Check out the new USENIX Web site.

Home About USENIX Events Membership Publications Students
Abstracts - 12th Systems Administration Conference (LISA '98)

Building An Enterprise Printing System

Ben Woodard - Cisco Systems


Cisco Systems has chosen to internally develop an enterprise wide print system that provides access to more than 2000 printers for both Unix and PCs. The requirements for this print system were that it had to be very cheap to construct, highly scalable, easily maintained by a very small staff, fault tolerant, and mission critical reliable. In other words, management essentially wanted everything for practically nothing. To meet our objectives we built our print system out of interchangeable low cost running PCs Linux, LPD and Samba as well as other standard Unix applications. The low cost of PC hardware and the lack of licensing fees for Linux allowed us to deploy the print system vary widely without having to go through all the managerial justifications necessary to authorize larger scale purchases. By making each print server interchangeable we achieved scalability as well as a certain degree of fault tolerance. The flexibility of running a Unix like operating system such as Linux as opposed to another more restrictive operating system allowed us to develop a worldwide printing application that can be managed very easily by only two or three people. And finally the robustness of Linux made it possible for us to use our print system in mission critical environments such as manufacturing production floors.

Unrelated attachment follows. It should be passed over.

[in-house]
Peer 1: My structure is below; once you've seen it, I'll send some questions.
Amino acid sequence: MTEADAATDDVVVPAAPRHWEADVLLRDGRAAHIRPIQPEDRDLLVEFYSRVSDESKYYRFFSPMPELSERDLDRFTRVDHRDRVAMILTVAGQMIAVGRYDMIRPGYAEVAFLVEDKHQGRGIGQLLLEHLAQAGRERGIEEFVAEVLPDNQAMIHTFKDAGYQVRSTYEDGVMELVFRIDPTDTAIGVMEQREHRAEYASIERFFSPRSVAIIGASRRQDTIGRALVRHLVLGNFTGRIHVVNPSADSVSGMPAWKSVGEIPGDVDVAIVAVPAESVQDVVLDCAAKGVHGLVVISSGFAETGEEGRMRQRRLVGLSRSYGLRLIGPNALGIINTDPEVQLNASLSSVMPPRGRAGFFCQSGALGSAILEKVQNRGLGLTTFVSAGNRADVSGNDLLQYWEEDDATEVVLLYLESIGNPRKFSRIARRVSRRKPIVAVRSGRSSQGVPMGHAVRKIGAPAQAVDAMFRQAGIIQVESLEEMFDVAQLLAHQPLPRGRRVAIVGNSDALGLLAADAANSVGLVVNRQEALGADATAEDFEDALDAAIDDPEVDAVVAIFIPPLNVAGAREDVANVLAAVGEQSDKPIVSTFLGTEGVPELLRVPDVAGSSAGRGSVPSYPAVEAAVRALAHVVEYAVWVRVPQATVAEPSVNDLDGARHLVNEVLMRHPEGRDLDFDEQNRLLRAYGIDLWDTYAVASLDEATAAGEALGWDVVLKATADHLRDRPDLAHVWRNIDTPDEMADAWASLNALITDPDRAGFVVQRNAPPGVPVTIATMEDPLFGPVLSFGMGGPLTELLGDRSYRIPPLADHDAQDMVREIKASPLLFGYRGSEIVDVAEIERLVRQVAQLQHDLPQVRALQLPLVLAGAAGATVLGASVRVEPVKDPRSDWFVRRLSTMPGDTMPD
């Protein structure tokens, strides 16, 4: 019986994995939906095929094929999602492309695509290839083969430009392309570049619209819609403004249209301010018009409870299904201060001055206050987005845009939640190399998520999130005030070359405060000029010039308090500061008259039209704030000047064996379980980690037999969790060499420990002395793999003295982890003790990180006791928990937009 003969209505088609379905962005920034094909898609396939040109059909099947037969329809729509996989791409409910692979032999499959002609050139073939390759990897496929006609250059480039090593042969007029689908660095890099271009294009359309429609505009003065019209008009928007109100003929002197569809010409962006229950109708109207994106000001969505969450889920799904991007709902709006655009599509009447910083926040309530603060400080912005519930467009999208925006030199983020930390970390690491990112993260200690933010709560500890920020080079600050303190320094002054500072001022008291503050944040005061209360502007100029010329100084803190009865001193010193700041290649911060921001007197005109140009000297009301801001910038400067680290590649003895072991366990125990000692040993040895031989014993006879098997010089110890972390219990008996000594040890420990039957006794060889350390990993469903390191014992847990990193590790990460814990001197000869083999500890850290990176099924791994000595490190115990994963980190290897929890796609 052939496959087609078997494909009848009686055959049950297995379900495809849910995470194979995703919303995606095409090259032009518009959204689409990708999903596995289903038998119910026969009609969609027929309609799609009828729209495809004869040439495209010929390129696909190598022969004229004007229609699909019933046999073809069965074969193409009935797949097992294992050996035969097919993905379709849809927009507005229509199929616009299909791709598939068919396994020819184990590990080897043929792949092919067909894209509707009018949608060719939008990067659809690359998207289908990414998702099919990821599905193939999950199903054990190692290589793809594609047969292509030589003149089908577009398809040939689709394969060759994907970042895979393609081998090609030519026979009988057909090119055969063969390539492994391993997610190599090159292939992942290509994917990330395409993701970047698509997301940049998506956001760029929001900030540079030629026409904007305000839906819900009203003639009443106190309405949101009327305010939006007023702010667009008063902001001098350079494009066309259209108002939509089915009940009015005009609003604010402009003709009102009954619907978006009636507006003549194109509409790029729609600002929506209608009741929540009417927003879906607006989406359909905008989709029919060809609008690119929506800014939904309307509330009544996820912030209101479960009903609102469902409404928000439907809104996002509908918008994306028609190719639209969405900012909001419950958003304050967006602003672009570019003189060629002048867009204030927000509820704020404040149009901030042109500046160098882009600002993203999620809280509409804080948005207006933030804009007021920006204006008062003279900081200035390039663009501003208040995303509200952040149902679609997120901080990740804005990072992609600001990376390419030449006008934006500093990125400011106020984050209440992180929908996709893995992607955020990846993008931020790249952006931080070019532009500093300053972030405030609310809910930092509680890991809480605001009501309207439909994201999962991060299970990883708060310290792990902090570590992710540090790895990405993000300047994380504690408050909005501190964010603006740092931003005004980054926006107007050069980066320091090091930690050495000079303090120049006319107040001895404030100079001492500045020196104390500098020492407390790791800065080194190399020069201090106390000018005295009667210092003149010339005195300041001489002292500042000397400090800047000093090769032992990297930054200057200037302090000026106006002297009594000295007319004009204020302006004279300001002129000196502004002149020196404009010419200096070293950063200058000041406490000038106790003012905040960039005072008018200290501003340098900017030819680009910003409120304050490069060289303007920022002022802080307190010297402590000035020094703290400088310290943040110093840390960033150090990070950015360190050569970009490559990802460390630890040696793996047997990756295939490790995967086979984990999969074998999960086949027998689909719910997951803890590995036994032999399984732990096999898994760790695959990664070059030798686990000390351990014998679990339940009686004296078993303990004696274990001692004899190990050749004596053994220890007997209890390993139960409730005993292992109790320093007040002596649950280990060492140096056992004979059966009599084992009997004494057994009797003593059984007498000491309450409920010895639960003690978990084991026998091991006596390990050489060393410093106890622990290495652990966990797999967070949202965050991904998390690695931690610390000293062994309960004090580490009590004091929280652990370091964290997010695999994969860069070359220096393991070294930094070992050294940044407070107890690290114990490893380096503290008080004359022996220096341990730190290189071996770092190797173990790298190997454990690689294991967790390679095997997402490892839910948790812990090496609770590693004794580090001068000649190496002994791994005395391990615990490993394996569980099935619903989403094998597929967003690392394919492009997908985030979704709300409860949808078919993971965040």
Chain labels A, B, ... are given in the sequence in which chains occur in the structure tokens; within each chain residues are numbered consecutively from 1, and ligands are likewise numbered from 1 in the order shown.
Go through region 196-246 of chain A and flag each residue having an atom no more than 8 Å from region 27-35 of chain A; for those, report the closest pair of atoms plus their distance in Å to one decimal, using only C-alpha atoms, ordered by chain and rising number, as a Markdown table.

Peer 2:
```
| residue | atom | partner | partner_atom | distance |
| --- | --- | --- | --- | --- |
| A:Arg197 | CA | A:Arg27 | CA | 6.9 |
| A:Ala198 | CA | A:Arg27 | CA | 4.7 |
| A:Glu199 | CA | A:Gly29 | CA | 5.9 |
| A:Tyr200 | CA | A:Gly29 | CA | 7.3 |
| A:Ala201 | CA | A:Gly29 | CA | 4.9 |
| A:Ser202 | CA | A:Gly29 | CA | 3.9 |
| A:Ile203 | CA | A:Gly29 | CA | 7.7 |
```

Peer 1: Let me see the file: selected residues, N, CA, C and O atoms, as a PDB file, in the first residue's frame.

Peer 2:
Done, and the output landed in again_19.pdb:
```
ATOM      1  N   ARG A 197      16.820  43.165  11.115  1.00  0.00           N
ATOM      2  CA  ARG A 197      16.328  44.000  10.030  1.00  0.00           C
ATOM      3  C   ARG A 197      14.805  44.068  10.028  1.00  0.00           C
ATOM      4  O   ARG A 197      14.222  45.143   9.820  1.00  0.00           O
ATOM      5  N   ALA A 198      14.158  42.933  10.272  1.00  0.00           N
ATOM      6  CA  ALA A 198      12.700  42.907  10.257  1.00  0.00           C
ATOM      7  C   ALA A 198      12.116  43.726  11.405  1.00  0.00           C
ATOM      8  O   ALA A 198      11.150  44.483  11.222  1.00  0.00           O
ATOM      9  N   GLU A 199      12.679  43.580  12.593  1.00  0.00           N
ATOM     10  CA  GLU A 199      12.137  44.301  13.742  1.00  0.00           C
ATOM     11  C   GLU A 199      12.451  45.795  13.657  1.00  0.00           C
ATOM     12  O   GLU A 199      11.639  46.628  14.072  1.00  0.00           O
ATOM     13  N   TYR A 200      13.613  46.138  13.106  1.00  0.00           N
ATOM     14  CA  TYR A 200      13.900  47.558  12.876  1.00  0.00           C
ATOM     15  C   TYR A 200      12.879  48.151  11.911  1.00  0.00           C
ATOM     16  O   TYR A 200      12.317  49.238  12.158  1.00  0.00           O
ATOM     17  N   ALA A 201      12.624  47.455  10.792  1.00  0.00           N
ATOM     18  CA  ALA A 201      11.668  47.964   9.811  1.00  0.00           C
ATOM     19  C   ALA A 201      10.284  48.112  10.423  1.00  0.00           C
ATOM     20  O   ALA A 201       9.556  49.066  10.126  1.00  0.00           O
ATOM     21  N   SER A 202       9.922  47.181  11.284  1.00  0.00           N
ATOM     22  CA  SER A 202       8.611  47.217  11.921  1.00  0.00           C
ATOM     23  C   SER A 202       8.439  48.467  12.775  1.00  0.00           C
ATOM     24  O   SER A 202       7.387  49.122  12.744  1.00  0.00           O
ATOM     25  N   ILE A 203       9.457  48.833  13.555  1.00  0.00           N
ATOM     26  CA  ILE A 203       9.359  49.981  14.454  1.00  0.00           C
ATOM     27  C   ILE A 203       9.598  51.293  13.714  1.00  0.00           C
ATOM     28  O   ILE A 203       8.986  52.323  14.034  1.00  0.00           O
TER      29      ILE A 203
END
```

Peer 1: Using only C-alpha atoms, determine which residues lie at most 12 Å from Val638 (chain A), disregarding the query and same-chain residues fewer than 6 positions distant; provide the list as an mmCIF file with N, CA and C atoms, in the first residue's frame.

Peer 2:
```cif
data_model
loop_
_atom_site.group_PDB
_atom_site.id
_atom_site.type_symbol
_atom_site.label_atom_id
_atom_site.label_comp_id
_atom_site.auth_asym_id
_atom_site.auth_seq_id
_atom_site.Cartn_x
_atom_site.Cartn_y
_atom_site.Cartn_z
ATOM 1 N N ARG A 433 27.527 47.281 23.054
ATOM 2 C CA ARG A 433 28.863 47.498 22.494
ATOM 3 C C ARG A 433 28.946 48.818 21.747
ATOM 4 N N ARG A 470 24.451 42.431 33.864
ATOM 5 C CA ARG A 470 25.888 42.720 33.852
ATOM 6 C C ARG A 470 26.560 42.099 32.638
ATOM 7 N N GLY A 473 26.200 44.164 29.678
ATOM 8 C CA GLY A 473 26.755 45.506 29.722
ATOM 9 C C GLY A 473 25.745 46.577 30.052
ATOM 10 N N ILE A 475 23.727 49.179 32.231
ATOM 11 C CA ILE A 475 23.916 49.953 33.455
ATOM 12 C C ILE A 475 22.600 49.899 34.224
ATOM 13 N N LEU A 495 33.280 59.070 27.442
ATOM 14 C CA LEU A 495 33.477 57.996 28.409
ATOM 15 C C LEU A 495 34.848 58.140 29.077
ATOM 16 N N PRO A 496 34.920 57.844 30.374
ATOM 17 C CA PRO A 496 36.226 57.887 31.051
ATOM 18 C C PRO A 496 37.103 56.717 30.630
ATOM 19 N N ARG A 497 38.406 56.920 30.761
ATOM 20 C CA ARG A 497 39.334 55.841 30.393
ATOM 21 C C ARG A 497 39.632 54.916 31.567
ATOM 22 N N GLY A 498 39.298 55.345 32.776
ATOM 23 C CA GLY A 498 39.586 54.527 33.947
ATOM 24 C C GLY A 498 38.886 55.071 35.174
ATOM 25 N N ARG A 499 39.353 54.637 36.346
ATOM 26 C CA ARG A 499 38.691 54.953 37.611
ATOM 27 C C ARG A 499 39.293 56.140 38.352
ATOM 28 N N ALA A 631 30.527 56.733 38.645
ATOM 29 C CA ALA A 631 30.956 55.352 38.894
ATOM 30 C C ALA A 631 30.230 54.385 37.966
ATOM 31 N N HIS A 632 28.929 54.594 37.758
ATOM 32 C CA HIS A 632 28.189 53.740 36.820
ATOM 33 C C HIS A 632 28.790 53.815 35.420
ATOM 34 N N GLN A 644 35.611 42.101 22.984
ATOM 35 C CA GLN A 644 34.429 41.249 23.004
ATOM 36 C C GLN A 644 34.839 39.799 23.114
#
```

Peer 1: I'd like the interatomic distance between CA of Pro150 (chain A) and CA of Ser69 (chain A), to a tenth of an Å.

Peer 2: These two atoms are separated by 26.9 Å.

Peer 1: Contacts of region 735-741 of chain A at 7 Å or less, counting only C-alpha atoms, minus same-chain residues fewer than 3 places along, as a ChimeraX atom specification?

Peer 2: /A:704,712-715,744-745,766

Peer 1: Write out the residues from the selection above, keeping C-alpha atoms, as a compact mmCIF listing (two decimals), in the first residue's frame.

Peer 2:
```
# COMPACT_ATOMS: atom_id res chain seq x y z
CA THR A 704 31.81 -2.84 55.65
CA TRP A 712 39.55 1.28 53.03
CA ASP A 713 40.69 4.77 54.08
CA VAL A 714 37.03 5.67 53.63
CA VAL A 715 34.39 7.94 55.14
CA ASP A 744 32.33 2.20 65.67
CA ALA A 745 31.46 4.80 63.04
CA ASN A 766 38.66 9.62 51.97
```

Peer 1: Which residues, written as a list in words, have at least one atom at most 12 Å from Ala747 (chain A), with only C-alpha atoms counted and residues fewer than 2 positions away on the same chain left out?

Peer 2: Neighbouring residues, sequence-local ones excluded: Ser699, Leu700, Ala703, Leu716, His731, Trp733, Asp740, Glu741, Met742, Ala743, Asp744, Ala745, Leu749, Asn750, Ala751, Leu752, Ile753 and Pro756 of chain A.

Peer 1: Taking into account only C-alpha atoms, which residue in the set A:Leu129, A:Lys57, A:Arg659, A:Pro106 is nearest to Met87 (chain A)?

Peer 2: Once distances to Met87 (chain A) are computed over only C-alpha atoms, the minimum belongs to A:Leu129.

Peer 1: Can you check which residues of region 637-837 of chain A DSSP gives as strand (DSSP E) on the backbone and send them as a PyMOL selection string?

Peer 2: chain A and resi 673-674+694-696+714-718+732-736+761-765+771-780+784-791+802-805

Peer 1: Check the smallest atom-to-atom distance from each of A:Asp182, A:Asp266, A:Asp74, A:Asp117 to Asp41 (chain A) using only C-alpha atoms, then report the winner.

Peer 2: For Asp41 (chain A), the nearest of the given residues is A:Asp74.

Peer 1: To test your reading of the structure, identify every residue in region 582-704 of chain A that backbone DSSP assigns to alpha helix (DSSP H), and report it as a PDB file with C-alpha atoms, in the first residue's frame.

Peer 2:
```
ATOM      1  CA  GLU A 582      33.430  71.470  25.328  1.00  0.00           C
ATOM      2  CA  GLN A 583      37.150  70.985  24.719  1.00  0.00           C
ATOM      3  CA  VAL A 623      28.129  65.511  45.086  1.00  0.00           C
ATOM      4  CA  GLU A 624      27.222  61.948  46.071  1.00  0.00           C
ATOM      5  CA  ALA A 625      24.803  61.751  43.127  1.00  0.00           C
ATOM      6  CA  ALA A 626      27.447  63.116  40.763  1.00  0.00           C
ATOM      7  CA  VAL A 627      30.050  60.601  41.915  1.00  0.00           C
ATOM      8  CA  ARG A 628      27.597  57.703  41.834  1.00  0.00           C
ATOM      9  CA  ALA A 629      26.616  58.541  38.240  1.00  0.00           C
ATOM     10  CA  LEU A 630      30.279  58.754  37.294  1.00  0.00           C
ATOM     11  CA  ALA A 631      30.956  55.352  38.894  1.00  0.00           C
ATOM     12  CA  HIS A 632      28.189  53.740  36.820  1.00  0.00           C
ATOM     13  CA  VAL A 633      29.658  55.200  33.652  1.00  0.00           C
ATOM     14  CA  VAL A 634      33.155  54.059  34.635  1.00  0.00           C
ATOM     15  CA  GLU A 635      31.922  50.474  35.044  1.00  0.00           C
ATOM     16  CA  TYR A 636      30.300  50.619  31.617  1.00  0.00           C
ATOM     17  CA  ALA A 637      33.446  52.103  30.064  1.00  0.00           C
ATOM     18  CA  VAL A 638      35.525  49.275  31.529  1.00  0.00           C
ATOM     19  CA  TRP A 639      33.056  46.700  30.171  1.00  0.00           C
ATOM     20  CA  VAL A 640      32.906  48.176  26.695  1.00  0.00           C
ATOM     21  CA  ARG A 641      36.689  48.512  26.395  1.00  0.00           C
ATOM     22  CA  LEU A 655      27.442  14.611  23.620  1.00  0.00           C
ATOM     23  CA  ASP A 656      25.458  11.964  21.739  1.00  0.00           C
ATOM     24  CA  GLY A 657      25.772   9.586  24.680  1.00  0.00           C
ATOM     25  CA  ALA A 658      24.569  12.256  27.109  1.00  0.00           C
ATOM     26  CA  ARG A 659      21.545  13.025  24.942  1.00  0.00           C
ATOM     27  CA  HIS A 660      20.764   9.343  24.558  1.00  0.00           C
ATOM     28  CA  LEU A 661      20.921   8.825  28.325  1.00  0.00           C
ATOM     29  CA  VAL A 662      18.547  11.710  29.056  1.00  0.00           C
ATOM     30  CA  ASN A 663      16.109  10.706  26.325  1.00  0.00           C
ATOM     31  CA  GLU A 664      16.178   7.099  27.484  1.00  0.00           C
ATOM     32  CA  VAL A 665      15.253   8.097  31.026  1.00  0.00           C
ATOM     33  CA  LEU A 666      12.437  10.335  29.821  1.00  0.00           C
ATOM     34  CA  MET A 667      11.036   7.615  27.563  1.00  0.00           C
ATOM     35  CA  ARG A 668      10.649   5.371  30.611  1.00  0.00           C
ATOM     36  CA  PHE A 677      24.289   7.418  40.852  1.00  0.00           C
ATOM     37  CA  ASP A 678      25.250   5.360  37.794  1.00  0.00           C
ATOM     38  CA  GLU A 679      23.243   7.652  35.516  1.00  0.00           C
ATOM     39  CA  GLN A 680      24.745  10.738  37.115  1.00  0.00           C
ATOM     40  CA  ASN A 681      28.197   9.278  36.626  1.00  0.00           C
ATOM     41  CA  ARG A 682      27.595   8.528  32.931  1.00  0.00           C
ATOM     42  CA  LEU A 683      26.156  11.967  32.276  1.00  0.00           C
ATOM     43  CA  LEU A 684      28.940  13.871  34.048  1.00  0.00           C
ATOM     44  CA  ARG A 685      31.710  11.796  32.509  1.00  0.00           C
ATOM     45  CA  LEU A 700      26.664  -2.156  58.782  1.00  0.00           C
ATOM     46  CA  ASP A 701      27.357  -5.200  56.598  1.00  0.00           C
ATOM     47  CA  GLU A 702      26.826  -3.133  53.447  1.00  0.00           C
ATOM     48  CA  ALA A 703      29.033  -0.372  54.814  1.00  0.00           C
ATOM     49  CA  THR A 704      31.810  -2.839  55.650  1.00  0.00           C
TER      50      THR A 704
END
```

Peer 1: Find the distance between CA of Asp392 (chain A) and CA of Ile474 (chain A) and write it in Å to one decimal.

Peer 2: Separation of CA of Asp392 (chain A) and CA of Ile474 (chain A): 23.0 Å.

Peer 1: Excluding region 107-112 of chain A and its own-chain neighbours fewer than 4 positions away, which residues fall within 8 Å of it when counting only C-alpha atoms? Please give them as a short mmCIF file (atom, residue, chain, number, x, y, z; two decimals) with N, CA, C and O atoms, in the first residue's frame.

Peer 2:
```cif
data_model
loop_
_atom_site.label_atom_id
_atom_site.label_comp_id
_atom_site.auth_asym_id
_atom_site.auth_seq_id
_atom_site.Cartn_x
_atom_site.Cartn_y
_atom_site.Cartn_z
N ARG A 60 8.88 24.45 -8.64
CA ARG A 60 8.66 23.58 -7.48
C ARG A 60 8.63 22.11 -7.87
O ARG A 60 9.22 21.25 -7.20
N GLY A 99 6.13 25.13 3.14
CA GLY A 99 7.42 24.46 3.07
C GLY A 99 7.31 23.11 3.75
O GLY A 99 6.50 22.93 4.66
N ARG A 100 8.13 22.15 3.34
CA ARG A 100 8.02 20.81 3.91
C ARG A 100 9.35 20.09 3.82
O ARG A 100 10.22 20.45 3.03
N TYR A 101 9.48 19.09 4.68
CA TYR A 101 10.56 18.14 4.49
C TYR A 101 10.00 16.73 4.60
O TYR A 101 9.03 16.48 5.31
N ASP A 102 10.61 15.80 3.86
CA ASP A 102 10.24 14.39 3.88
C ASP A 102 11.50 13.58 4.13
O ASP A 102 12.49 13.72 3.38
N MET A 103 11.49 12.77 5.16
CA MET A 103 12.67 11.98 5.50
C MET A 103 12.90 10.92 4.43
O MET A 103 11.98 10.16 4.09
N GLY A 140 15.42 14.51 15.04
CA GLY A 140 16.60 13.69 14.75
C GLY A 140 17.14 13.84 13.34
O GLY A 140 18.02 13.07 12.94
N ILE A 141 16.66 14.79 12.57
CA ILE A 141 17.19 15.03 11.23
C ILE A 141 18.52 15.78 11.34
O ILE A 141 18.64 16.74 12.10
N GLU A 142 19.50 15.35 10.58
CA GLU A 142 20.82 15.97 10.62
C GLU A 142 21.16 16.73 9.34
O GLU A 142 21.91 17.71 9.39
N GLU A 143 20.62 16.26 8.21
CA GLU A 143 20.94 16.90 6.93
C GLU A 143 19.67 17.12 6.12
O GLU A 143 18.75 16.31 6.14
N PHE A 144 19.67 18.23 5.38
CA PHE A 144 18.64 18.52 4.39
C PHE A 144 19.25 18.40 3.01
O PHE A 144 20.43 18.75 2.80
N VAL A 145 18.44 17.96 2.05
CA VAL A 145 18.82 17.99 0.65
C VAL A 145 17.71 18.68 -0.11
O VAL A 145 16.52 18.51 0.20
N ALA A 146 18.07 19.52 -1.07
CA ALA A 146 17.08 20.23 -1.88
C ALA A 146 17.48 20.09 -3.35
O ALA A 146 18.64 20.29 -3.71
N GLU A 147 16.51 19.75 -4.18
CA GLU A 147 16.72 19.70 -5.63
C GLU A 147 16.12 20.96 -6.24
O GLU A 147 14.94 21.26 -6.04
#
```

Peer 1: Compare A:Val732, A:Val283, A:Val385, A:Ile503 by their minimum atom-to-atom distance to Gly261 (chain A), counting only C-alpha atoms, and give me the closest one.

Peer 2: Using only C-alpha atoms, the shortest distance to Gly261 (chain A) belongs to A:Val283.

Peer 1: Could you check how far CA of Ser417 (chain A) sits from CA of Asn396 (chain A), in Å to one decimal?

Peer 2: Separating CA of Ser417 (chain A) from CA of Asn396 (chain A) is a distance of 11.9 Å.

This paper discusses the process by which the print system was implemented and the wisdom learned in the process. It covers topics such as how to gain and maintain control of the printing process, why it is necessary and how to keep printers a completely network managed device, how we learned to deal with large numbers of server, the advantages and problems we ran into as the number of servers grew, and the many advantages and few disadvantages of basing the system entirely on free software. It also highlights some of the major processes that we automated and the success we had devolving power first to the the local technical support people and then ultimately to the users. Finally, it discusses many of the problems that we are running into now that the print system is a few years old and the steps that we are taking to ensure that we do not become victims of our our own success and that we do not have the whole system collapse due to data rot.

Since the real key to managing thousands of printers effectively is figuring out how to save time, the real world experience we gained and the time saving tips we discovered while learning how to manage thousands of printers should be valuable even to sysadmins that have only a few printers to manage.

  • View the full text of this paper in HTML form and PDF form.

  • If you need the latest Adobe Acrobat Reader, you can download it from Adobe's site.

  • To become a USENIX Member, please see our Membership Information.

?Need help? Use our Contacts page.

Last changed: 27 Mar 2002 ml
Technical Program
LISA '98 Index